The final step in Ashtanga yoga is the attainment of samadhi. When we succeed in becoming so absorbed in something that our mind becomes completely one with it, we are in a state of samadhi. Samadhi means “to bring together, to merge”. In samadhi our personal identities completely disappear. At the moment of samadhi none of that exists anymore. We become one with the Divine Entity.
Samādhi is described in different ways within Hinduism such as the state of being aware of one’s existence without thinking, in a state of undifferentiated “beingness” or as an altered state of consciousness that is characterized by bliss (ānanda) and joy (sukha). Nisargadatta Maharaj describes the state in the following manner:
When you say you sit for meditation, the first thing to be done is understand that it is not this body identification that is sitting for meditation, but this knowledge ‘I am’, this consciousness, which is sitting in meditation and is meditating on itself. When this is finally understood, then it becomes easy. When this consciousness, this conscious presence, merges in itself, the state of ‘Samadhi’ ensues. It is the conceptual feeling that I exist that disappears and merges into the beingness itself. So this conscious presence also gets merged into that knowledge, that beingness – that is ‘Samadhi’.
The initial experience of it is enlightenment and it is the beginning of the process of meditating to attain self-realization (tapas). “There is a difference between the enlightenment of samādhi and self-realization. When a person achieves enlightenment, that person starts doing tapas to realize the self.”
According to Patañjali samādhi has three different categories:
Savikalpa – This is an interface of trans meditation[clarification needed] and higher awareness state, asamprajñata. The state is so named because mind retains its consciousness, which is why in savikalpa samādhi one can experience guessing (vitarka), thought (vicāra), bliss (ānanda) and self-awareness (asmita). In Sanskrit, “kalpa” means “imagination”. Vikalpa (an etymological derivation of which could be ‘विशेषः कल्पः विकल्पः।’) connotes imagination. Patañjali in the Yoga Sūtras defines “vikalpa” saying: ‘शब्द-ज्ञानानुपाति वस्तु-शून्यो-विकल्पः।’. “Sa” is a prefix which means “with”. So “savikalpa” means “with vikalpa” or “with imagination”. Ramana Maharshi defines “savikalpa samādhi” as, “holding on to reality with effort”.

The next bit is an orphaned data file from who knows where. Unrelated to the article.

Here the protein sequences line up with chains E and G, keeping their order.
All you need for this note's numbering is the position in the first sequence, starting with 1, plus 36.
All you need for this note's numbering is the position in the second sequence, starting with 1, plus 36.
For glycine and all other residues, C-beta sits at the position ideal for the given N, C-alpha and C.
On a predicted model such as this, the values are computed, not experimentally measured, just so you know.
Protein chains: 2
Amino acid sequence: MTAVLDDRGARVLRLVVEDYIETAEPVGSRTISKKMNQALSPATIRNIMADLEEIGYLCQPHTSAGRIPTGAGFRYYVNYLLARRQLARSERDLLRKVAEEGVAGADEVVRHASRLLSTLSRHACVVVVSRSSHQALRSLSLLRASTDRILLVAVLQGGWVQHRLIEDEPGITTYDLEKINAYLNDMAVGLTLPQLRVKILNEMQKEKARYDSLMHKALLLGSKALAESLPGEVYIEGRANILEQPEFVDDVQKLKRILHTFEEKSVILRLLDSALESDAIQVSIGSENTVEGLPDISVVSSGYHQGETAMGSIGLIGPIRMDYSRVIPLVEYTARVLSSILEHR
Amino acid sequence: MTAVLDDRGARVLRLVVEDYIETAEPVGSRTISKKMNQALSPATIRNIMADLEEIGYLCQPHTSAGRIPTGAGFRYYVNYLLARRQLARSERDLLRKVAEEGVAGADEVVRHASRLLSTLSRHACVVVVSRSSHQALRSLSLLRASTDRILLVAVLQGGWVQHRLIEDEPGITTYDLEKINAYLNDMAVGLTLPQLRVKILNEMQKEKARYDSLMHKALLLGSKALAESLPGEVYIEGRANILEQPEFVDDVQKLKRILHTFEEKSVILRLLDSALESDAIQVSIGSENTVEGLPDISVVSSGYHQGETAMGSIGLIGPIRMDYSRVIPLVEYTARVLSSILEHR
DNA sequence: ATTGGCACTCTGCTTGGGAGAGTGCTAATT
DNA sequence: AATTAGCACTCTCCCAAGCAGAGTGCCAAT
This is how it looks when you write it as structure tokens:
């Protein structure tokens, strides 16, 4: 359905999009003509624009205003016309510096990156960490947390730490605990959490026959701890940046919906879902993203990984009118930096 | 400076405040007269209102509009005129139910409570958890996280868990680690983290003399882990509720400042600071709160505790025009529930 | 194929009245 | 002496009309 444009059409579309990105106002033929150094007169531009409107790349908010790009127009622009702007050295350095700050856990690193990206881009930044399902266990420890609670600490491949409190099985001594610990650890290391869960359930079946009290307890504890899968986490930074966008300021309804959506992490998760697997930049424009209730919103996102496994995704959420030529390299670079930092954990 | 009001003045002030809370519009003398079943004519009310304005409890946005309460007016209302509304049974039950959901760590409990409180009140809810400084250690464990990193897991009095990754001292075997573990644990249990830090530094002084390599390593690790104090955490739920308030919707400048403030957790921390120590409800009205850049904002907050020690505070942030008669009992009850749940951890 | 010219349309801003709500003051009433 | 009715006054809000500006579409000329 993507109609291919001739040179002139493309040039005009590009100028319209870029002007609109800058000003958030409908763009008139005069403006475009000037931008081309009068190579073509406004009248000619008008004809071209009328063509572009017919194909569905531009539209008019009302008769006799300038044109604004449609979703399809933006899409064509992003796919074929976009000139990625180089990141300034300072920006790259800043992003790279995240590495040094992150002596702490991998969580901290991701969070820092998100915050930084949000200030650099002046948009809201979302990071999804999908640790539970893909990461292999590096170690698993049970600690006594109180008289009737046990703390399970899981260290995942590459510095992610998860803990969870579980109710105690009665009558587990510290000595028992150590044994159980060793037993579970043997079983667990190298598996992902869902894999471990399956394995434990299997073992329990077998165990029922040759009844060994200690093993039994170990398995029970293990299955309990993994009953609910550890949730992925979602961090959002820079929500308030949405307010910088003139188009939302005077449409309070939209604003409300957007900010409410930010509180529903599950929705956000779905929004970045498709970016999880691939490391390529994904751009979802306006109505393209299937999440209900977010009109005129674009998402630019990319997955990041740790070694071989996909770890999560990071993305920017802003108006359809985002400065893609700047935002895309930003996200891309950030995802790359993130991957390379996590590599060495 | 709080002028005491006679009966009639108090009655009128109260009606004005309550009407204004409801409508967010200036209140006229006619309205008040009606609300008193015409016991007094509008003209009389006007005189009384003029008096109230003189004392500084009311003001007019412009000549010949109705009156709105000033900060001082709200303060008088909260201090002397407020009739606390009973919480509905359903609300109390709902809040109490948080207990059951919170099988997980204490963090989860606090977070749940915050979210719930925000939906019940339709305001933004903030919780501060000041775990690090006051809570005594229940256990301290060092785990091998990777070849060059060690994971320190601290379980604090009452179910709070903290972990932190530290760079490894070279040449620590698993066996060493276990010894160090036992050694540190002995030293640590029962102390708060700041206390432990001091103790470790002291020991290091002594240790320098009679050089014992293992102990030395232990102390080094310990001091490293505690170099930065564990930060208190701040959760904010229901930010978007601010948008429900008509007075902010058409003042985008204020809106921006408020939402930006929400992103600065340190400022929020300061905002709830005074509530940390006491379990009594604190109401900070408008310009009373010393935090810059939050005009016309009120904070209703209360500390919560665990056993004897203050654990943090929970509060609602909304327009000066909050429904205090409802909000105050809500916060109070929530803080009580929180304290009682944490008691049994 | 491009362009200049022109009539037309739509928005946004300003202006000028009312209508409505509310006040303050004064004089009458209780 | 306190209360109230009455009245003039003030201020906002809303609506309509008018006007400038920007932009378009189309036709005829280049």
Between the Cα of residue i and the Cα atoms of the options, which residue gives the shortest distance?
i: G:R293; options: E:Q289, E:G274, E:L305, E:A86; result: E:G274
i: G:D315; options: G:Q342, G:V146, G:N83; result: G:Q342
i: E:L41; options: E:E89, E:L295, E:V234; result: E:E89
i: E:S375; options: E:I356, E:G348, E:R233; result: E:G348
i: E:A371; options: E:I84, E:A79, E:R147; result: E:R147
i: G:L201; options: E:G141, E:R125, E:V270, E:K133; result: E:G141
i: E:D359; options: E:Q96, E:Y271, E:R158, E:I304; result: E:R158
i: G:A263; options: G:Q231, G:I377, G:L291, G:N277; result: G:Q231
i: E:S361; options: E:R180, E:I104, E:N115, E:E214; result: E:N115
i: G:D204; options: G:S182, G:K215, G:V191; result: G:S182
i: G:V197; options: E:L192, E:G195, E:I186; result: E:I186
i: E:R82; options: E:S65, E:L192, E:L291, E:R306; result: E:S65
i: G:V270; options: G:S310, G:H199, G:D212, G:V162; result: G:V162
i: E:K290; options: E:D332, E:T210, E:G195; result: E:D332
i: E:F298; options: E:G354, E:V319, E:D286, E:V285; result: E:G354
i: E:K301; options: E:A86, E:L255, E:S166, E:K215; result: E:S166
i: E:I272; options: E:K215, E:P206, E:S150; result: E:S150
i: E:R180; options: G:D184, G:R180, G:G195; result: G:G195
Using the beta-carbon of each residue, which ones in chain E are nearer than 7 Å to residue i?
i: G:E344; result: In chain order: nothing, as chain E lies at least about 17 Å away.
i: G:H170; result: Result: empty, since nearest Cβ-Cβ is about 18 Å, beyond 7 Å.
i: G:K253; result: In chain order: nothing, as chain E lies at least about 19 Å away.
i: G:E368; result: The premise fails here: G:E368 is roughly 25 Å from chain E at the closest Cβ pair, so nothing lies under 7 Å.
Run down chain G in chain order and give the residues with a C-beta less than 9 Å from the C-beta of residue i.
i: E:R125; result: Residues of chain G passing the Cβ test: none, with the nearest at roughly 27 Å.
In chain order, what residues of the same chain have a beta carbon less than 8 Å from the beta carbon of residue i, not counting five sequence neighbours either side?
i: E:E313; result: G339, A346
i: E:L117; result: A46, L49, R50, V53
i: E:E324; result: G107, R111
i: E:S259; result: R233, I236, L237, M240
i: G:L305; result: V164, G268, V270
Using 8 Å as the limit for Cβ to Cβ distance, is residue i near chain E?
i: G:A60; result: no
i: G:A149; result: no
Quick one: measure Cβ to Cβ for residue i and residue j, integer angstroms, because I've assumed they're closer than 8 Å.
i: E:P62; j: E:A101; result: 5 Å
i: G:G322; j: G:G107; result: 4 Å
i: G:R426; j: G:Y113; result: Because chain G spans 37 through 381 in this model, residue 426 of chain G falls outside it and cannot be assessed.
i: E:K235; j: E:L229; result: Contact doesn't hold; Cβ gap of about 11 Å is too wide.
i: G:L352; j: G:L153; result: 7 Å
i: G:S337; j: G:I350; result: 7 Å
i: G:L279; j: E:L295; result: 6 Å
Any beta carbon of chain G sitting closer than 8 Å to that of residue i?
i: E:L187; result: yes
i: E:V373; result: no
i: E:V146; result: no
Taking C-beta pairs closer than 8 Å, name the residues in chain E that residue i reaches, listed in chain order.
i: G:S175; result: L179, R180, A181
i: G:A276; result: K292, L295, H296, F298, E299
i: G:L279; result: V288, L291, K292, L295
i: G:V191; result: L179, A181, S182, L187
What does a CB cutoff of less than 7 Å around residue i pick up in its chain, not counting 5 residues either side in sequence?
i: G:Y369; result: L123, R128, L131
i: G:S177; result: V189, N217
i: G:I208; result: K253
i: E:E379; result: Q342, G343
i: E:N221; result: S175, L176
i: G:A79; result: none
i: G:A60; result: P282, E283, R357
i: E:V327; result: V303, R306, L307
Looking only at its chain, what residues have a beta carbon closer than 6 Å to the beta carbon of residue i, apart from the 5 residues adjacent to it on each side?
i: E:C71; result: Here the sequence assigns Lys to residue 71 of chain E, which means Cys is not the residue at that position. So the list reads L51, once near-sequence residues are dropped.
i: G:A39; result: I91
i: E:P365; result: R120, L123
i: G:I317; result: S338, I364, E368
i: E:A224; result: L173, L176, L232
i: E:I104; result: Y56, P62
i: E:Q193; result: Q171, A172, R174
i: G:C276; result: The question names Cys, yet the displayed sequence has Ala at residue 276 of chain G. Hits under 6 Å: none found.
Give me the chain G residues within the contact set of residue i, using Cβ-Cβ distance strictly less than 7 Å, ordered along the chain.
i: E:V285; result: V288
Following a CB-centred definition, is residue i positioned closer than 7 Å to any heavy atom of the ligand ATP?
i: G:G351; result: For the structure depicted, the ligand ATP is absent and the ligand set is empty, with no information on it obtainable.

Asamprajñata is a step forward from savikalpa. According to Patañjali, asamprajñata is a higher awareness state with absence of gross awareness.
Nirvikalpa or sanjeevan – This is the highest transcendent state of consciousness. In this state there is no longer mind, duality, a subject-object relationship or experience. Upon entering nirvikalpa samādhi, the differences we saw before have faded and we can see everything as one. In this condition nothing but pure awareness remains and nothing detracts from wholeness and perfection.
Entering samādhi initially takes great willpower and maintaining it takes even more will. The beginning stages of samādhi (laya and savikalpa samādhi) are only temporary. By “effort” it is not meant that the mind has to work more. Instead, it means work to control the mind and release the self. Note that normal levels of meditation (mostly the lower levels) can be held automatically, as in “being in the state of meditation” rather than overtly “meditating.”[clarification needed] The ability to obtain positive results from meditation is much more difficult than simply meditating.[clarification needed] It is recommended to find a qualified spiritual master (guru or yogi) who can teach a meditator about the workings of the mind. As one self-realized yogi explained, “You can meditate but after some time you will get stuck at some point. That is the time you need a guru. Otherwise, without a Guru, there is no chance.”
Samādhi is the only stable unchanging reality; all else is ever-changing and does not bring everlasting peace or happiness.
Staying in nirvikalpa samādhi is effortless but even from this condition one must eventually return to ego-consciousness. Otherwise this highest level of samādhi leads to nirvāṇa, which means total unity, the logical end of individual identity and also death of the body. However, it is entirely possible to stay in nirvikalpa samādhi and yet be fully functional in this world. This condition is known as sahājā nirvikalpa samādhi or sahājā samādhi. According to Ramana Maharshi, “Remaining in the primal, pure natural state without effort is sahaja nirvikalpa samadhi”.